Dutch Minister for Foreign Trade and Development Lilianne Ploumen has for the first time said she can see the efficacy a temporary halt on the import of Colombian coal by Dutch energy corporations.
Such an import halt would help persuade mining companies in Colombia to recognize and compensate victims of grave human rights abuses. Minister Ploumen also said she will insist that companies implicated in human rights abuses be included in the truth finding and justice process as part of the Colombian peace process.
The Labour Party, D66 and the Socialist Party had earlier asked the minister to support PAX´s campaign for a temporary halt on the purchase of blood coal until decisive steps are taken toward compensating victims. On the day the topic was debated in parliament, PAX activists demonstrated outside the parliament building, calling on consumers to switch to an energy provider that does not import coal from Colombia.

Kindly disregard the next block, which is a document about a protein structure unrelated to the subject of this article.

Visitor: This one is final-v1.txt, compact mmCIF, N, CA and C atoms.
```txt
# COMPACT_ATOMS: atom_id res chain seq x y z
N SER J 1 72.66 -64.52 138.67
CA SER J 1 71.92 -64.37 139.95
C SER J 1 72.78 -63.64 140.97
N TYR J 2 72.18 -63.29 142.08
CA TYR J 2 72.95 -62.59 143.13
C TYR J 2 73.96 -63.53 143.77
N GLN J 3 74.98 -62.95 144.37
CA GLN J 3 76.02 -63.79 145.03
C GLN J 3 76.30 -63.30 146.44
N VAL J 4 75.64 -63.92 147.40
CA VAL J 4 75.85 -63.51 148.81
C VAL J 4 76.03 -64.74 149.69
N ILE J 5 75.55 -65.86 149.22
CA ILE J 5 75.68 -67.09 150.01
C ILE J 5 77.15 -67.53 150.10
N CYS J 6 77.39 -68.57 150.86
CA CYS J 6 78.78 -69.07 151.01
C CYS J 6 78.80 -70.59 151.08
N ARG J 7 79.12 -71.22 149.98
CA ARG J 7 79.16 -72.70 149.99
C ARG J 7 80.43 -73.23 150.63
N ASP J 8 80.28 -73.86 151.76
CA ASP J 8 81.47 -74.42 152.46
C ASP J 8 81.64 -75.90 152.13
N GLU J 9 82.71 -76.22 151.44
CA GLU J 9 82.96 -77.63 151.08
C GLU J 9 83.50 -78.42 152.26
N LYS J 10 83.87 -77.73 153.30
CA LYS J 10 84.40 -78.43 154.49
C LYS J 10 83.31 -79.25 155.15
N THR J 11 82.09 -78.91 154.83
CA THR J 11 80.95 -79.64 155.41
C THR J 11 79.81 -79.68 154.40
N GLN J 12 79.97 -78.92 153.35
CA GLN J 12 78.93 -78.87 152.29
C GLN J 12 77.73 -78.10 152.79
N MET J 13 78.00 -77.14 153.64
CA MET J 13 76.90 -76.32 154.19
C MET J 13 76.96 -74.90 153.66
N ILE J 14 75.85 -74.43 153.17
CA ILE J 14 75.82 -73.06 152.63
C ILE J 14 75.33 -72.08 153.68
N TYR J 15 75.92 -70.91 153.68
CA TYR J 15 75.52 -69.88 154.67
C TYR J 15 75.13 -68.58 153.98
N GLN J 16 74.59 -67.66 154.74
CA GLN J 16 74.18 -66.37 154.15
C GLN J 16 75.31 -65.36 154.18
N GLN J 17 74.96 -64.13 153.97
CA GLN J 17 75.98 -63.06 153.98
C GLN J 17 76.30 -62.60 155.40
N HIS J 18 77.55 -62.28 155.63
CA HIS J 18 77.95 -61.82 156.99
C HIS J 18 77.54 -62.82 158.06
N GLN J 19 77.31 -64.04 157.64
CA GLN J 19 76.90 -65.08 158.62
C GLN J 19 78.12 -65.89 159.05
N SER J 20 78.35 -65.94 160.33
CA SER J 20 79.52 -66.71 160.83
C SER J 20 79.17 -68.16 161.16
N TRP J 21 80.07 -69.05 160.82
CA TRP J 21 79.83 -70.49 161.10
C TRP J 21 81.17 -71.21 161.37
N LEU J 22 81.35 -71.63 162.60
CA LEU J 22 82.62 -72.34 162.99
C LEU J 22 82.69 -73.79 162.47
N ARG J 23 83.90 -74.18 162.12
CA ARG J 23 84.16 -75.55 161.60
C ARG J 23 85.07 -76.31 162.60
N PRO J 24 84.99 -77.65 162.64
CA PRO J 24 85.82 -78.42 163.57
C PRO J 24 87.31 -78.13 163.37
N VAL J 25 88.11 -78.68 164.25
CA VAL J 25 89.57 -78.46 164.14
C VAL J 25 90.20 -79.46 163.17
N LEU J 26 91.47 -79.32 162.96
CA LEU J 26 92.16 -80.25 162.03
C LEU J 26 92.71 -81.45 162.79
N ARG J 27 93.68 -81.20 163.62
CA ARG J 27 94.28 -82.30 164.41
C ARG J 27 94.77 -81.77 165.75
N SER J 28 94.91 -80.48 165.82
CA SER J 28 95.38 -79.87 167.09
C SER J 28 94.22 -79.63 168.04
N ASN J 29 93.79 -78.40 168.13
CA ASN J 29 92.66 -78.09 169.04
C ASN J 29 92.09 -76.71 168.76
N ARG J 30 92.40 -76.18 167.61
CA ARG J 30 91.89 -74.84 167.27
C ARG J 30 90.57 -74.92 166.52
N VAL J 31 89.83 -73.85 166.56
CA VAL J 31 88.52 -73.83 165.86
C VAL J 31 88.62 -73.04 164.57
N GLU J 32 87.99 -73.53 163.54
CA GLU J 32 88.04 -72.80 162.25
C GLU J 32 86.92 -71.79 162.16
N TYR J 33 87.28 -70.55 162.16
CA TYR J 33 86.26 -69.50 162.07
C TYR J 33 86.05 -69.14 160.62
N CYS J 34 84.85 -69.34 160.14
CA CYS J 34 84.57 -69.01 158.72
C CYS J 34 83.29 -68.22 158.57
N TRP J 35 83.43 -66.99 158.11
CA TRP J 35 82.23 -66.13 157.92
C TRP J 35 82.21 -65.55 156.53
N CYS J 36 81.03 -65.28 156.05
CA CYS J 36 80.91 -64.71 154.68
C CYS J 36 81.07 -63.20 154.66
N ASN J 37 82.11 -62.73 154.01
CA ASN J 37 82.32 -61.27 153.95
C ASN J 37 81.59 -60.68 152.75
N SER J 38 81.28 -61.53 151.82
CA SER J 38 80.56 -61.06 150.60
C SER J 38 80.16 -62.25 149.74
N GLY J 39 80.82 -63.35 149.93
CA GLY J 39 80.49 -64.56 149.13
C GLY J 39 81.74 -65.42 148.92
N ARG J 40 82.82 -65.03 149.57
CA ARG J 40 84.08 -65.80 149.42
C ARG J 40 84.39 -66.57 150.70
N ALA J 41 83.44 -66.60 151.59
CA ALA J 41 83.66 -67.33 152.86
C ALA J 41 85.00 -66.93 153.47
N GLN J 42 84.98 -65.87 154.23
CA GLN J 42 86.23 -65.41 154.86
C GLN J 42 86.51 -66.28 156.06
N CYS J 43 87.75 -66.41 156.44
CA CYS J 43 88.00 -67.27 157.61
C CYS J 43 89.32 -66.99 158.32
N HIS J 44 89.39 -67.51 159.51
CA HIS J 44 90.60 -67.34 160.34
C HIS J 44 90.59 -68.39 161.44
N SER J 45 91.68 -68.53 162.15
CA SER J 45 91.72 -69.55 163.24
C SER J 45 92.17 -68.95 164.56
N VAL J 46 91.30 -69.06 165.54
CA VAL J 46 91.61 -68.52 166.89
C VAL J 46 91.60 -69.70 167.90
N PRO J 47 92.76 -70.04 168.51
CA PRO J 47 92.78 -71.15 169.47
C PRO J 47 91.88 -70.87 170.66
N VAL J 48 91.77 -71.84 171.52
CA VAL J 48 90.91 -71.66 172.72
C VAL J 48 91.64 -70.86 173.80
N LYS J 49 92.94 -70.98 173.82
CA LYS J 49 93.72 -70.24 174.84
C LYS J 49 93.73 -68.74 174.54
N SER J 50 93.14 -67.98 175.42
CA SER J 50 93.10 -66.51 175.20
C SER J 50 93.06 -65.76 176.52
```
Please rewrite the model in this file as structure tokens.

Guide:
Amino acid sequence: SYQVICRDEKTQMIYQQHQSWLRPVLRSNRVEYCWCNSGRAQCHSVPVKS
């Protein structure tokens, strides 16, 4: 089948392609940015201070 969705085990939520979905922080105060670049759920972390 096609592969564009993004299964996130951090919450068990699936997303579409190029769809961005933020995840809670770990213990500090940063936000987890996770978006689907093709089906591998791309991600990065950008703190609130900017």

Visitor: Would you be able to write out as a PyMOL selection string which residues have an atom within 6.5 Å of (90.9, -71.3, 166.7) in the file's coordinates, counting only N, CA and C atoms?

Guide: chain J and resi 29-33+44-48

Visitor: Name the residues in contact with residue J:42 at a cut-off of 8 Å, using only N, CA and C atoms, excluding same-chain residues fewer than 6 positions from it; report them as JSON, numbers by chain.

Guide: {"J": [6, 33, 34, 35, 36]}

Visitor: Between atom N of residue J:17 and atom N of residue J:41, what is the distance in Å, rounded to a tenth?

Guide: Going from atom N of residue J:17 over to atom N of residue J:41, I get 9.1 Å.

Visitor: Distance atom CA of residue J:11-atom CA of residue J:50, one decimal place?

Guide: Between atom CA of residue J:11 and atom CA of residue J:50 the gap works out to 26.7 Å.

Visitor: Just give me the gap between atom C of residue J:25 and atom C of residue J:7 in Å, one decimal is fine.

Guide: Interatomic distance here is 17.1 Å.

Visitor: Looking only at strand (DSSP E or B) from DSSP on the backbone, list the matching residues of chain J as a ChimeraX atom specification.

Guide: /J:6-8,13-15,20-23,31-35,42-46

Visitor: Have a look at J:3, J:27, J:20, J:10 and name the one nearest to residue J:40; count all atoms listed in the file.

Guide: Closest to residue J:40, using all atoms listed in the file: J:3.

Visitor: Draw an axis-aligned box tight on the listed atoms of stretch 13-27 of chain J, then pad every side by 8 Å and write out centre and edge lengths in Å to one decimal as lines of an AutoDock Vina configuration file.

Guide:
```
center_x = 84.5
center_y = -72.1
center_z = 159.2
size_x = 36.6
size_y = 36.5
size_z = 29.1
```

Minister Ploumen said she will ask energy companies to take concrete steps in order to get the mining companies in Colombia to deal with the victims. In so doing, Dutch companies could follow the example of the Danish company DONG Energy. DONG conducted their own research into abuses associated with the Prodeco/Glencore coal mines, and set up a plan of action geared toward, among others, remedy for the victims. DONG stopped purchasing coal from Prodeco/Glencore a year ago, and has vowed not to resume until the mining company agrees to DONG’s plan of action.
DONG’s experience demonstrates that a temporary halt on imports can work as leverage in tackling past human rights abuses. Responding to a question from a Labour Party MP, Minister Ploumen indicated for the first time that measures such as a temporary import halt are a useful means to improve economic leverage.
No less important was Ploumen´s statement regarding the need for multinationals to be part of the truth finding and justice process. She will push the Colombian government to include these companies in the judicial procedures of a potential Peace Tribunal. This would hasten and clarify the process leading to recognition and compensation for the tens of thousands of victims of blood coal.
See Stop Blood Coal